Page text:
His 236 strikeouts ranked fourth in the National League and his ridiculously low 1.77 ERA trailed only Greinke this season. But it’s also the second-lowest NL earned run average since 1995, and the ninth-lowest in the last 50 years (aside from Greinke and Dwight Gooden, the other six totals were produced by Hall of Famers Bob Gibson, Greg Maddux, Nolan Ryan, Sandy Koufax and Tom Seaver).

The story of Arrieta’s season and candidacy really boils down to his second half, where he was empirically the most dominant starter in baseball history. His 0.75 ERA in 15 starts after the All-Star break was the best all time, surpassing Gibson’s 1968 season, in which he went a seemingly unsurpassable 11-4 with a 1.19 ERA in 16 starts. In Arrieta’s last 12 starts, he gave up just four earned runs in 88.1 innings for a 0.41 ERA, and struck out 89 batters. The ace highlighted that stretch with a dominating no-hit effort on Aug. 30 against the Dodgers, striking out 12 and giving up just one walk before getting mobbed by his teammates.

One of the many reasons Arrieta was so strong in 2015 was because teams were essentially starting innings with only two outs to play with. He opened a frame on 232 occasions, holding leadoff hitters to a .167/.203/.194 line. Of the 37 hits he allowed to leadoff men, just three were doubles and one was a homer.

And when batters fell behind 0-1 in the count, they hit just .167/.212/.227. That occurred almost 49 percent of the time (11 percent of the time a play ended after the first pitch). Overall, when Arrieta got ahead in the count, batters were just .114/.122/.161.

There isn’t a lot separating these three pitchers, but Arrieta matched Kershaw’s power and Greinke’s command down a historic back stretch of the season. Add in Arrieta’s big-game resume, and his case is difficult to dismiss.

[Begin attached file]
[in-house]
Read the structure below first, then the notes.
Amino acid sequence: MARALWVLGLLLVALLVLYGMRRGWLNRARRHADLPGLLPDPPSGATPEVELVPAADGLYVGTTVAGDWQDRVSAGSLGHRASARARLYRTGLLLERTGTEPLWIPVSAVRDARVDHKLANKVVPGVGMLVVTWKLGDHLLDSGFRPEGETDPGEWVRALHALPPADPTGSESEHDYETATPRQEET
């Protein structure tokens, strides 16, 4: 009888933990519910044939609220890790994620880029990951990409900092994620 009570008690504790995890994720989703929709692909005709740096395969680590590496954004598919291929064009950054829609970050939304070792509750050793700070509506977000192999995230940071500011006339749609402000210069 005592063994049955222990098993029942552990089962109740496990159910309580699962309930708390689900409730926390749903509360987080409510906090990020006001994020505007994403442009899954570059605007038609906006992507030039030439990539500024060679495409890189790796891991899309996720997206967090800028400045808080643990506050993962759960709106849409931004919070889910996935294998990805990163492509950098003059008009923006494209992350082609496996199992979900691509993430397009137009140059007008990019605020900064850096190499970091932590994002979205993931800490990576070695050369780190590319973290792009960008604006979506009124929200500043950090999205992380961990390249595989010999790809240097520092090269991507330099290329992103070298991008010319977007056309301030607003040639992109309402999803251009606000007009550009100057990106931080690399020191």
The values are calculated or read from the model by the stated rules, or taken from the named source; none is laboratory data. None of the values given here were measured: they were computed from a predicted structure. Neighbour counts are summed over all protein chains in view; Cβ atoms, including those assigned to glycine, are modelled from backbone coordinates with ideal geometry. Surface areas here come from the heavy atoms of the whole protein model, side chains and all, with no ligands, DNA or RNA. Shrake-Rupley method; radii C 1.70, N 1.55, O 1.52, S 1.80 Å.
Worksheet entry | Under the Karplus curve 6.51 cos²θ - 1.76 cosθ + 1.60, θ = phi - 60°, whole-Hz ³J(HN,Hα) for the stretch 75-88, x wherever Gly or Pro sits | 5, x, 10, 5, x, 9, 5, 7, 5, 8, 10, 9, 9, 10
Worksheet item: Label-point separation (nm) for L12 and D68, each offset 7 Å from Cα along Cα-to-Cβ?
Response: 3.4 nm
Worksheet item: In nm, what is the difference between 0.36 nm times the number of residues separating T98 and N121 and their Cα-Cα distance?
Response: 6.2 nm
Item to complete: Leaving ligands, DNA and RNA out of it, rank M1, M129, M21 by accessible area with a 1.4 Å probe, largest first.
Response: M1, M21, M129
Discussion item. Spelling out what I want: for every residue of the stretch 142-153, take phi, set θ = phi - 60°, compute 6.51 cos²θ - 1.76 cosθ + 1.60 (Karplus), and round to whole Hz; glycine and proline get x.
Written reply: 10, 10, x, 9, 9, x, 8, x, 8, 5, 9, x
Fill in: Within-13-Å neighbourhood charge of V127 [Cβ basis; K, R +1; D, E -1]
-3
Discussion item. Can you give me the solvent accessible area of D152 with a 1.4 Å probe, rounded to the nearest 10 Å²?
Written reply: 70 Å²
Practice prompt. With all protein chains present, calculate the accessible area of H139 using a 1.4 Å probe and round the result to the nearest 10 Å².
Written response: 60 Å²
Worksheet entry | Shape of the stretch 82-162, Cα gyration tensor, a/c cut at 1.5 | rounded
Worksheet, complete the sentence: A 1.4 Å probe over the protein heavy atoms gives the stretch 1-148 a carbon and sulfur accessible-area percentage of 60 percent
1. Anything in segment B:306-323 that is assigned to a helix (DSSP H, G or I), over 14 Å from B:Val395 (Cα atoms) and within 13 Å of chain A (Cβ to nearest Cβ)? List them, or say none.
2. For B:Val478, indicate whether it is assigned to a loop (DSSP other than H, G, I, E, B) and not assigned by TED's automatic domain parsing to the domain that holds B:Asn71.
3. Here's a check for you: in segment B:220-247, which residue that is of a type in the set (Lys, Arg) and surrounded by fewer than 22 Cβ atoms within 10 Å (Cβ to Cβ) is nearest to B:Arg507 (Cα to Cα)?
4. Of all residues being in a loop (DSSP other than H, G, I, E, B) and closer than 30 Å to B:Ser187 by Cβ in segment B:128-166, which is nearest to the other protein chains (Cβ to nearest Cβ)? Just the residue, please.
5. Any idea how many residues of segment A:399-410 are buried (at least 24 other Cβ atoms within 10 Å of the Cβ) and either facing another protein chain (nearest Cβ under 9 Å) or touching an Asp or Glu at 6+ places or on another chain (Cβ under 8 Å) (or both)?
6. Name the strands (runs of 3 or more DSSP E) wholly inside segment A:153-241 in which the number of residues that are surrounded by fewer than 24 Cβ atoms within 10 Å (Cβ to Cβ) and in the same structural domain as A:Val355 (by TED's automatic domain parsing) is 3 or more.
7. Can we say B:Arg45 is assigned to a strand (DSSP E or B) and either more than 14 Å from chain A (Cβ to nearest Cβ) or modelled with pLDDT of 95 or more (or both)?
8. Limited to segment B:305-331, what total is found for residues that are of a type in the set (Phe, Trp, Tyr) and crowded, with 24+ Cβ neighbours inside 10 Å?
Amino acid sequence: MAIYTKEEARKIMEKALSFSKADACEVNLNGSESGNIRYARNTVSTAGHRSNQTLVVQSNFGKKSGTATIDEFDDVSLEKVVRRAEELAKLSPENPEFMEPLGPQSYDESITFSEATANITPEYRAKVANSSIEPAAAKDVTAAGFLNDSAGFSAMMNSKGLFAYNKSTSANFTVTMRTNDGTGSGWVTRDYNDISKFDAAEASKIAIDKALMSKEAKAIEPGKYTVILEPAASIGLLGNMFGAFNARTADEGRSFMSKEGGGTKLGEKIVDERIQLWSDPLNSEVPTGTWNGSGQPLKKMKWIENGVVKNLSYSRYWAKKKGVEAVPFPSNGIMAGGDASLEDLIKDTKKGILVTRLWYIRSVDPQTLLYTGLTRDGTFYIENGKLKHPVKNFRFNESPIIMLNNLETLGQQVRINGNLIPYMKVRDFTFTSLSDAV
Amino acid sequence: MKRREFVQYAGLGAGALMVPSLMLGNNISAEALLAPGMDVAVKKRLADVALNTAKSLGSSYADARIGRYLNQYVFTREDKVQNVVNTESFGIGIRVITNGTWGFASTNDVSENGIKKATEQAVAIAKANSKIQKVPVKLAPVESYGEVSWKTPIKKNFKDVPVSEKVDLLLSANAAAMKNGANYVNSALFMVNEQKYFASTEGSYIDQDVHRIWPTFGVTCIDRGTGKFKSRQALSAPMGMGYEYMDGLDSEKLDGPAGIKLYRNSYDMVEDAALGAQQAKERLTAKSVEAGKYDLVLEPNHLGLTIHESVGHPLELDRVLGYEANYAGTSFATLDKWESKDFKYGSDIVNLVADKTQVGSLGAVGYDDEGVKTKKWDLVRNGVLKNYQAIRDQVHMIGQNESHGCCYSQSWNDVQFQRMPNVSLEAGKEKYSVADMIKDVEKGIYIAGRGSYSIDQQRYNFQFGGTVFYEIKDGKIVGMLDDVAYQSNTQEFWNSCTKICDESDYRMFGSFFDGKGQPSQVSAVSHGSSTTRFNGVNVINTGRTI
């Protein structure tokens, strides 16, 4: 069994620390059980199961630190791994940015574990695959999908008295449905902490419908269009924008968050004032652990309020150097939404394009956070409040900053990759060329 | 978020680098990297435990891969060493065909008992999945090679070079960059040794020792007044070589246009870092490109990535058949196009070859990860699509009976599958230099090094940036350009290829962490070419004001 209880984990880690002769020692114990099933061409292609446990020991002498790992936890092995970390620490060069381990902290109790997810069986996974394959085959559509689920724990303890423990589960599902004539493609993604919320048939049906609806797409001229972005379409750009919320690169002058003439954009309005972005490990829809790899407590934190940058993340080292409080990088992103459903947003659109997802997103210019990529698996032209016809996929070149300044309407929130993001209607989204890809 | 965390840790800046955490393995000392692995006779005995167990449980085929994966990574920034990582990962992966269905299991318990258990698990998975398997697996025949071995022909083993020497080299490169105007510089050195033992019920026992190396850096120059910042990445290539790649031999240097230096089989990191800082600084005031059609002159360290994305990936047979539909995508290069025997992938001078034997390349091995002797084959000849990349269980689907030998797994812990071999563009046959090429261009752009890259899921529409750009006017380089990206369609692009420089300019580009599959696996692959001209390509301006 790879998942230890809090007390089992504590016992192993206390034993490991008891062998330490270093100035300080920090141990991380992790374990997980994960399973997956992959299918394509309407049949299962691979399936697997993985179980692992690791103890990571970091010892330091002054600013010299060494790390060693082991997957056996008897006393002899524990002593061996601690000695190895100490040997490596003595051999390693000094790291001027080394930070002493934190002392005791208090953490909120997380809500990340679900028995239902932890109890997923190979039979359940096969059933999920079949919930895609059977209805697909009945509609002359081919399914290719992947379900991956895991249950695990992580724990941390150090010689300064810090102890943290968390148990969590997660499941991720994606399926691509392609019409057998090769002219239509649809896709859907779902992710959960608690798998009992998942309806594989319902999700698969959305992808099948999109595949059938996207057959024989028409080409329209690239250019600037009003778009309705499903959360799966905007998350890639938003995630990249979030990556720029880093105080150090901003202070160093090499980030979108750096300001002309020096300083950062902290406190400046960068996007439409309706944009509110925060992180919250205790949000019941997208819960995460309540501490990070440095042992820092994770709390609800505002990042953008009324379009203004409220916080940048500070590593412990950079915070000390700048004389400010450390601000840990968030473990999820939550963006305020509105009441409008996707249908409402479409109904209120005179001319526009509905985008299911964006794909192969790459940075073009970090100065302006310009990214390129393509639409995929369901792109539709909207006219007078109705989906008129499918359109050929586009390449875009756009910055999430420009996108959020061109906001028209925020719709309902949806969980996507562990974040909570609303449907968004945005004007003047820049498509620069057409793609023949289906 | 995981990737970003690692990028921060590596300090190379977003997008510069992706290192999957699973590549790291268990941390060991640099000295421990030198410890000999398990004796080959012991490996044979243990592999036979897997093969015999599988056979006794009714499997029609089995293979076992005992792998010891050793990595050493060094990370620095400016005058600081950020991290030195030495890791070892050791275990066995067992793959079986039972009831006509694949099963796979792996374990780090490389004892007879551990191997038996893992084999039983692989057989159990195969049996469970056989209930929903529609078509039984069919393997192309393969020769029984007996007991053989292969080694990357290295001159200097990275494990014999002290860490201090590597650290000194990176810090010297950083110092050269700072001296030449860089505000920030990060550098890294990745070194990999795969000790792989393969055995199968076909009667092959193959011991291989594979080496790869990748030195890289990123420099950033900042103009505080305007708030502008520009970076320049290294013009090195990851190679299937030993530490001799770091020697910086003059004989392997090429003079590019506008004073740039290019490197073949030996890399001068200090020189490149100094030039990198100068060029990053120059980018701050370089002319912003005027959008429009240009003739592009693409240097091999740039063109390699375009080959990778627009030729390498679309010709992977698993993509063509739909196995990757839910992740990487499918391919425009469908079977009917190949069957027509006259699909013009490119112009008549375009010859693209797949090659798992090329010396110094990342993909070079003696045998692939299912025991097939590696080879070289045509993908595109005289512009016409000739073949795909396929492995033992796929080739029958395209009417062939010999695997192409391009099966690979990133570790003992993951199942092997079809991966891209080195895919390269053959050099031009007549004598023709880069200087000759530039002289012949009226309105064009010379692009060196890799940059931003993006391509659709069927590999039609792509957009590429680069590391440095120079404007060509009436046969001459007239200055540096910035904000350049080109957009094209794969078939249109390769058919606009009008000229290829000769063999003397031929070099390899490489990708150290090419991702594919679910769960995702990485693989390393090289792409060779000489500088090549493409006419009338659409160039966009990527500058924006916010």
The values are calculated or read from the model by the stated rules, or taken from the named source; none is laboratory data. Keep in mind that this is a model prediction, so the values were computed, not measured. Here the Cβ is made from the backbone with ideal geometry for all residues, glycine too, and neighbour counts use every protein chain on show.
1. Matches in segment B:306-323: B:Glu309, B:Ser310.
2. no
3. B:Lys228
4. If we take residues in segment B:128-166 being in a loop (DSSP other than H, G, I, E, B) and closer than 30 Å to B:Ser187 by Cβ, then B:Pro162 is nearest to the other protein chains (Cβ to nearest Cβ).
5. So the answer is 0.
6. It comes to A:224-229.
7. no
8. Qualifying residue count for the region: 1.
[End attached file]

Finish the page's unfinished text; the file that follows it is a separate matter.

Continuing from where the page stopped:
—Phil Barnes

Hot Off the Presses: Sept. Vine Line featuring Cubs ace Jake Arrieta

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Here’s a bit of advice for aspiring sports journalists out there: If you ever plan on writing a story about Cubs right-hander Jake Arrieta, you need to get comfortable with waiting. It’s not that Arrieta isn’t accessible or approachable. Quite the contrary, in fact. He’s polite, intelligent, thoughtful and probably takes reporters’ questions much more seriously than they deserve to be taken. And when he’s in the clubhouse, he’s happy to accept queries from all comers.

He’s just not in the clubhouse all that often. And if you’ve ever really looked at the 29-year-old starter, who twirled the first no-hitter of his career Sunday night in front of a national ESPN audience, you can probably imagine why.

When we were trying to track down Arrieta (and his glorious beard) for our cover feature this month, we asked various sources if they had seen him around. Here’s a sampling of the responses we received: